Telling My Tales

Stacey Curran
4 min readOct 18, 2019

I’ve spent pretty much my entire conscious life narrating to myself. I cannot control writing a story inside my head. If I stopped to write everything down I phrase in thought, I’d get nothing done.

Yet, somehow I stopped writing years ago. I kept up my inner narration, but I stopped getting anything on paper. I’m not sure exactly why. I’d been a journalist and so writing was a job, even though it rarely felt that way. I could write news stories by deadline comfortably. I would do my research and my interviews effectively, even though this was before the internet was in wide usage. I did write on a computer, but regular email use was just emerging, and most of the newspaper layout was done by hand. Thus, I had to call to interview people and I had to go to the library and search microfiche. I had to set up appointments and attend meetings in person. Although I was busy writing for work, I also wrote fiction stories and poems. Then, I just stopped.

I could blame adulthood I suppose. I switched careers and became a teacher, so I needed to go back to school. Then I got a full-time teaching job and got married and had kids and did all kinds of grown up stuff like cooking, and food shopping and laundry and driving kids places.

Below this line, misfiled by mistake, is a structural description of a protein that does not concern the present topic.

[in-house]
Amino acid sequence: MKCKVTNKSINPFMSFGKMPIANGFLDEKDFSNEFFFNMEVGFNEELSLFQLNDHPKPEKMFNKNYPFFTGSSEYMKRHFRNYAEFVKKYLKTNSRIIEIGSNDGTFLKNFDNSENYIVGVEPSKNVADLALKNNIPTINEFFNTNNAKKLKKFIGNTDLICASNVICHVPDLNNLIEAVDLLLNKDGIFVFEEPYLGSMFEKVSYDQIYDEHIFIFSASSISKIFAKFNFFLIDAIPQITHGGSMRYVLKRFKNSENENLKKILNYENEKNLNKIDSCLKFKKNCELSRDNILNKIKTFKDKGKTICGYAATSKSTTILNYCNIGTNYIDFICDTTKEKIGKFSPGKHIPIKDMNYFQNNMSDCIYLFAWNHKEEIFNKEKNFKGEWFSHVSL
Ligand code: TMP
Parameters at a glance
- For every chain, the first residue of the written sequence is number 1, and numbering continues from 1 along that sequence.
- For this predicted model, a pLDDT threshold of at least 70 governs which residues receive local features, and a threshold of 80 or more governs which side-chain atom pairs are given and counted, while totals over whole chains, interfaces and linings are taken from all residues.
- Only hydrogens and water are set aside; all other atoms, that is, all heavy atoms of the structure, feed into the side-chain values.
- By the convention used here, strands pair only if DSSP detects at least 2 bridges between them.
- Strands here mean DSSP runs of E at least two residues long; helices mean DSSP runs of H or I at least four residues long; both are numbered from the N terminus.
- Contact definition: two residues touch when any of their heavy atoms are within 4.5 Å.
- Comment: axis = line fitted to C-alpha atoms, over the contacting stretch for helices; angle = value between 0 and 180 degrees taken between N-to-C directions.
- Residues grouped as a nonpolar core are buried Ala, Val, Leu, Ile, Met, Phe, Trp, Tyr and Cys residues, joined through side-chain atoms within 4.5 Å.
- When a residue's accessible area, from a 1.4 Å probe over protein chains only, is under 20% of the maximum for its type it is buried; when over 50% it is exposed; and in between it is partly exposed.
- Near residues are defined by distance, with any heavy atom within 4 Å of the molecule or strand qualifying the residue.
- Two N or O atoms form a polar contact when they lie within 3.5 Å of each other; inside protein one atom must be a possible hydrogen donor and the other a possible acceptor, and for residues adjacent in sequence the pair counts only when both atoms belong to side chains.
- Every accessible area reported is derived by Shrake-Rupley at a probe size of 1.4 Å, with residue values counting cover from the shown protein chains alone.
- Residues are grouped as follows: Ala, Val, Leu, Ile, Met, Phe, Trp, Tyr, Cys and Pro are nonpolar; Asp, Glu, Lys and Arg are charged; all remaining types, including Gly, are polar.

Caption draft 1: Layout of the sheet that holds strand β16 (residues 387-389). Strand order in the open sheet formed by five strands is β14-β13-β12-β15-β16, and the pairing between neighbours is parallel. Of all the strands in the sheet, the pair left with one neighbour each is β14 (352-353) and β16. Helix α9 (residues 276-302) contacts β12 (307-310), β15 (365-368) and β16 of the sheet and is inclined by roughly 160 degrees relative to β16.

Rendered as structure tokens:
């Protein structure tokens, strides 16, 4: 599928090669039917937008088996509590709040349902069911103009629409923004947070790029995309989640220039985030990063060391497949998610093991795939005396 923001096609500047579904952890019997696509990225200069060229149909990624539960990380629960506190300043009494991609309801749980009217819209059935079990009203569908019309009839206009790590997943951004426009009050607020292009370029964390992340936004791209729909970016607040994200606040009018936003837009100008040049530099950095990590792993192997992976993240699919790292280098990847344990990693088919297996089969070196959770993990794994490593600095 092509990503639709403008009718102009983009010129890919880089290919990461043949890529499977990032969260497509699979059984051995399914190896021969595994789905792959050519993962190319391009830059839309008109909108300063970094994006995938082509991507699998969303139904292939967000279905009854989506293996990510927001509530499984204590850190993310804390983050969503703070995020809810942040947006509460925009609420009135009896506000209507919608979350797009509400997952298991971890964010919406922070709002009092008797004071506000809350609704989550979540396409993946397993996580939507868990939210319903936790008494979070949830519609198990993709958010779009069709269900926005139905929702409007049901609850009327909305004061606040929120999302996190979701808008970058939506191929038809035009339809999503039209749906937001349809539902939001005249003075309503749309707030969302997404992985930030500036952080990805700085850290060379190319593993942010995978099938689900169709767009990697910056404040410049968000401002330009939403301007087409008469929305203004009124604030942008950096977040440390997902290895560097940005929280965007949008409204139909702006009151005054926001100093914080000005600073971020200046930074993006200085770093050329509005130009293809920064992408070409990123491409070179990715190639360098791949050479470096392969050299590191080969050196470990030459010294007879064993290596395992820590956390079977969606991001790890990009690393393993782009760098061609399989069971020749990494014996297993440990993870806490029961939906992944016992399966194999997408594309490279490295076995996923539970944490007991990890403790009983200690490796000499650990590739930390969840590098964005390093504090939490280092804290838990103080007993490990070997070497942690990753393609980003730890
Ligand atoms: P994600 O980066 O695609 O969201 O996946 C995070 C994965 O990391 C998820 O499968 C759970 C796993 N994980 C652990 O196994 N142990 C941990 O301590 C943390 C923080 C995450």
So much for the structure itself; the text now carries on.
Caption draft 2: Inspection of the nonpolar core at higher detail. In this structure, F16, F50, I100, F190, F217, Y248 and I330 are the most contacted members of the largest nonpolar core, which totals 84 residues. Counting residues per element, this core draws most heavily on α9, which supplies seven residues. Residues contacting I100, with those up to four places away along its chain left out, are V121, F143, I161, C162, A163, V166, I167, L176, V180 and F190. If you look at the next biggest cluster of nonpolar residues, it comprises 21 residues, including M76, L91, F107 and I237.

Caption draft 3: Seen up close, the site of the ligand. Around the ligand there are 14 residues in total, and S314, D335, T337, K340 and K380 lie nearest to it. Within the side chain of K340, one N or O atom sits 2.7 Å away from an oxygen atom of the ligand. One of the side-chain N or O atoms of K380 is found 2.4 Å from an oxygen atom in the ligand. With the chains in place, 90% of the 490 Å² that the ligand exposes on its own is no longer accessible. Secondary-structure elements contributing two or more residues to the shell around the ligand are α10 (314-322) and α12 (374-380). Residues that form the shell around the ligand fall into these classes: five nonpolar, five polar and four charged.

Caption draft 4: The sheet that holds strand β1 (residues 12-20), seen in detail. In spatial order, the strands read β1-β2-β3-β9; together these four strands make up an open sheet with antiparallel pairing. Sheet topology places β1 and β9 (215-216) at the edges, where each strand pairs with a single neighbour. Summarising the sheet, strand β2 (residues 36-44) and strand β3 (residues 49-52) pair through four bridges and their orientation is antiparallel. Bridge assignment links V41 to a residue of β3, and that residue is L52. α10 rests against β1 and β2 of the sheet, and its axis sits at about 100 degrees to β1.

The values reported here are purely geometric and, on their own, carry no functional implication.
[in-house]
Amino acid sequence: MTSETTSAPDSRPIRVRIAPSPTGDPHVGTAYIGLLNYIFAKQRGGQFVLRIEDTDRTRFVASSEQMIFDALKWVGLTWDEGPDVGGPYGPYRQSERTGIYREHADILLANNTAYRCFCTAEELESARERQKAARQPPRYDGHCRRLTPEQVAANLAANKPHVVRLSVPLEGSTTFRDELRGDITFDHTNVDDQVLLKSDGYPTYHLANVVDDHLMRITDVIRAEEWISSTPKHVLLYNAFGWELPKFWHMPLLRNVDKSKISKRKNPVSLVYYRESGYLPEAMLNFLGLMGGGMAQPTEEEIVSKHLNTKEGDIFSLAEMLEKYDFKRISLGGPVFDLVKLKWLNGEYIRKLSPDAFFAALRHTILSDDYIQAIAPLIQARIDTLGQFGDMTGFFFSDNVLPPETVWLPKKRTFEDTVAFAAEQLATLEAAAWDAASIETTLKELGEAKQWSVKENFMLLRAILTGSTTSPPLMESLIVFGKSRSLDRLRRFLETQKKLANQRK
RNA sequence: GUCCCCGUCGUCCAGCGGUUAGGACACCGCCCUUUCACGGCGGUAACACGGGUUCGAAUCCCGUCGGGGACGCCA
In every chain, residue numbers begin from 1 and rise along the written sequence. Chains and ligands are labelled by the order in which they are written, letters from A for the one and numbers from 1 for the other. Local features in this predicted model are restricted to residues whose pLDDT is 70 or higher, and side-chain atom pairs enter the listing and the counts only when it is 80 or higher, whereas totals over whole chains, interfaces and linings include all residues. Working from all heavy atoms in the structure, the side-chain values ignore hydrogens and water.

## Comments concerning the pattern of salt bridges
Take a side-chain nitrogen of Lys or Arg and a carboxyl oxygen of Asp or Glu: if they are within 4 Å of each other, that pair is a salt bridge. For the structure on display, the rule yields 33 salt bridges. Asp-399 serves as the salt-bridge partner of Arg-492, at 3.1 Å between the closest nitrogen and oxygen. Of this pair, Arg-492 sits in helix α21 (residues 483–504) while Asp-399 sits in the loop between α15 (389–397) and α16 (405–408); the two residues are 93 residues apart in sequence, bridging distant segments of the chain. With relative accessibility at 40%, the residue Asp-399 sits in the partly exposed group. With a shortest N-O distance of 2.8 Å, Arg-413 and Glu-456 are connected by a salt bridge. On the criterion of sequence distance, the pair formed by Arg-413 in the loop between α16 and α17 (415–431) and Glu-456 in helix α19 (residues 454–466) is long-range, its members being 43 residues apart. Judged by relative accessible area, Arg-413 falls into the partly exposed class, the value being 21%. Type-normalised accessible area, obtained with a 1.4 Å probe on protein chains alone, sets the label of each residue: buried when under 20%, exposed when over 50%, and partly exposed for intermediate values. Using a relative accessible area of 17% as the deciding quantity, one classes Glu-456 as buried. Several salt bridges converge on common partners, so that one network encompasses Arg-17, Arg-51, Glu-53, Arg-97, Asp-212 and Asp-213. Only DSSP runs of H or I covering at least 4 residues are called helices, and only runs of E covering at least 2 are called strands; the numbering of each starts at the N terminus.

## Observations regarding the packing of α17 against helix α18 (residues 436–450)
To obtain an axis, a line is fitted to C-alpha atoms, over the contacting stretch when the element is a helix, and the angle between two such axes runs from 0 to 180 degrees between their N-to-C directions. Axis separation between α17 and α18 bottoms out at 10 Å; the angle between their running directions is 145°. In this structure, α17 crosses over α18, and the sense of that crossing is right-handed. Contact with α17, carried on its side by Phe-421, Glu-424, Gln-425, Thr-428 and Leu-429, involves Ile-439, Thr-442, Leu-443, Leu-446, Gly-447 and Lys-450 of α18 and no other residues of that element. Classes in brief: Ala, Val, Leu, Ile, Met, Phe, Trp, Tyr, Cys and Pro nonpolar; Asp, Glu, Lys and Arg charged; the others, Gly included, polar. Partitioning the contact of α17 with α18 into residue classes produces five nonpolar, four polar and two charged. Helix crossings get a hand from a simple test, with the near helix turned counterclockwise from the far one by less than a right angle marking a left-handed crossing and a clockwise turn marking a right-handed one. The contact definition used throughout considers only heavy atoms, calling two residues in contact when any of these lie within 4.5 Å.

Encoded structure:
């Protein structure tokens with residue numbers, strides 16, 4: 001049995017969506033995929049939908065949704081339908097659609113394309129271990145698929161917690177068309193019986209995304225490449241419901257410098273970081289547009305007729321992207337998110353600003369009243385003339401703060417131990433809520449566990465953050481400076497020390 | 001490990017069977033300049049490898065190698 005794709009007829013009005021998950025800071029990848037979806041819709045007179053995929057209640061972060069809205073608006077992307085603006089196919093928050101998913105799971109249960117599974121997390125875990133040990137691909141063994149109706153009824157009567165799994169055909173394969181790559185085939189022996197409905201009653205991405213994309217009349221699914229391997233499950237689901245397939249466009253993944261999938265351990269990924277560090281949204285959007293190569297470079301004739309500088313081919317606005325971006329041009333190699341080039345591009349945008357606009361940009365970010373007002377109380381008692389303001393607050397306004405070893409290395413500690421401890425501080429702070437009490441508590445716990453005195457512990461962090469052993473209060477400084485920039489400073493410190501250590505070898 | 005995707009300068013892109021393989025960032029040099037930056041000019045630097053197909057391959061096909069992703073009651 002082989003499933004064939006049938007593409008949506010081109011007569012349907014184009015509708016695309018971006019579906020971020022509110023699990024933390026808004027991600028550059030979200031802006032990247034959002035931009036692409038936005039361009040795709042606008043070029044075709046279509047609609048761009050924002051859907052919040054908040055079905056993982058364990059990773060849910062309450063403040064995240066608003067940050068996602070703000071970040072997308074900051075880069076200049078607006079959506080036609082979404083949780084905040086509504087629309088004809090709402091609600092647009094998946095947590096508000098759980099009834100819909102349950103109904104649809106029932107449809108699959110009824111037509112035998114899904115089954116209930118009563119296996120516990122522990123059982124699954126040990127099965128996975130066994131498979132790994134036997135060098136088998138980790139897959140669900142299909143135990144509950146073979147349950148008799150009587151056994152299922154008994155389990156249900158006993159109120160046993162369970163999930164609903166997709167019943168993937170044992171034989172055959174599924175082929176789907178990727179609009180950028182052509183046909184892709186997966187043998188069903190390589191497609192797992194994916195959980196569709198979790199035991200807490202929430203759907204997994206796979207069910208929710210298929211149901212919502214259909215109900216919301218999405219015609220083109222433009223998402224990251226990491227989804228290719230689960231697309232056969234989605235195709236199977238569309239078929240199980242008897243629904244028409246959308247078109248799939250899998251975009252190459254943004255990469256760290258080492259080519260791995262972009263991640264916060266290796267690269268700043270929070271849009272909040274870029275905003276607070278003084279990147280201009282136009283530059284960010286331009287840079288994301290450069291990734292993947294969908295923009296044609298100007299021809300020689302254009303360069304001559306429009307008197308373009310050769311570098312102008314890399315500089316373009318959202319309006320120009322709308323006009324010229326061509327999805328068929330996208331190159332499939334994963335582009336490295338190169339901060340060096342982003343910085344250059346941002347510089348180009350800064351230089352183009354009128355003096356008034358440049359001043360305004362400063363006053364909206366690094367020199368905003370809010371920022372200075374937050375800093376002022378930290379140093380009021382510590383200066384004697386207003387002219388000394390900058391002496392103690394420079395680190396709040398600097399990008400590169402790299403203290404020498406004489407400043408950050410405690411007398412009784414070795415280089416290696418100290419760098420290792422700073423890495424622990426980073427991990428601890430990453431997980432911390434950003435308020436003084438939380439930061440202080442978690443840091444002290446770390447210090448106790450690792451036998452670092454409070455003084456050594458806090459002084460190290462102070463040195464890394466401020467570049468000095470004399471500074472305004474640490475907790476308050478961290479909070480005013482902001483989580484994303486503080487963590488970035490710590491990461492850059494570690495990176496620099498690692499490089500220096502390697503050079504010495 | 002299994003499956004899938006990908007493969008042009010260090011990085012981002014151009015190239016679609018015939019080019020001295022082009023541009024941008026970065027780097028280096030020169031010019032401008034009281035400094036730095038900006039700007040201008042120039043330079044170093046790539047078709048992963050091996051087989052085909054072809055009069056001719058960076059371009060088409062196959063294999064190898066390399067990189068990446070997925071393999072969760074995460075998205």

I kept right on with the stream of consciousness storytelling in my head. I would see interesting things happening and write a lead paragraph internally. I would read books and newspapers and websites and mentally rewrite the work. I would think of angles in stories that the writer left unexplored. I’d research the subject matter further and imagine it as a play or a TV show or a novel without actually writing one line. Sometimes I’d even imagine who could play the parts. The plots continued evolving in my brain but existing nowhere else.

I have never thought of myself as imaginative, because I associate that word with whimsy. But these stories I conjure up must be caused by an active imagination, albeit a realistic one. There are no unicorns or maidens trapped in towers or talking animals in my tales. I mostly think of my daily interactions as plot points in an endless novel, of which I am technically the narrator.

In case this internal soundtrack sounds like I’ve lost touch with true reality, trust me that is not the case. I just like the way words can twist lyrically to retell an occurrence or occasion. I have an involuntary habit of caching key words in my memory. When I tell a story verbally, I remember the ones from the interactions…

Stacey Curran

Former journalist; few N.E. Press Assoc. Awards, few Boston Globe essays, few anthologies, @TheBelladonnaComedy @Slackjaw @BostonAccent, so many grocery lists.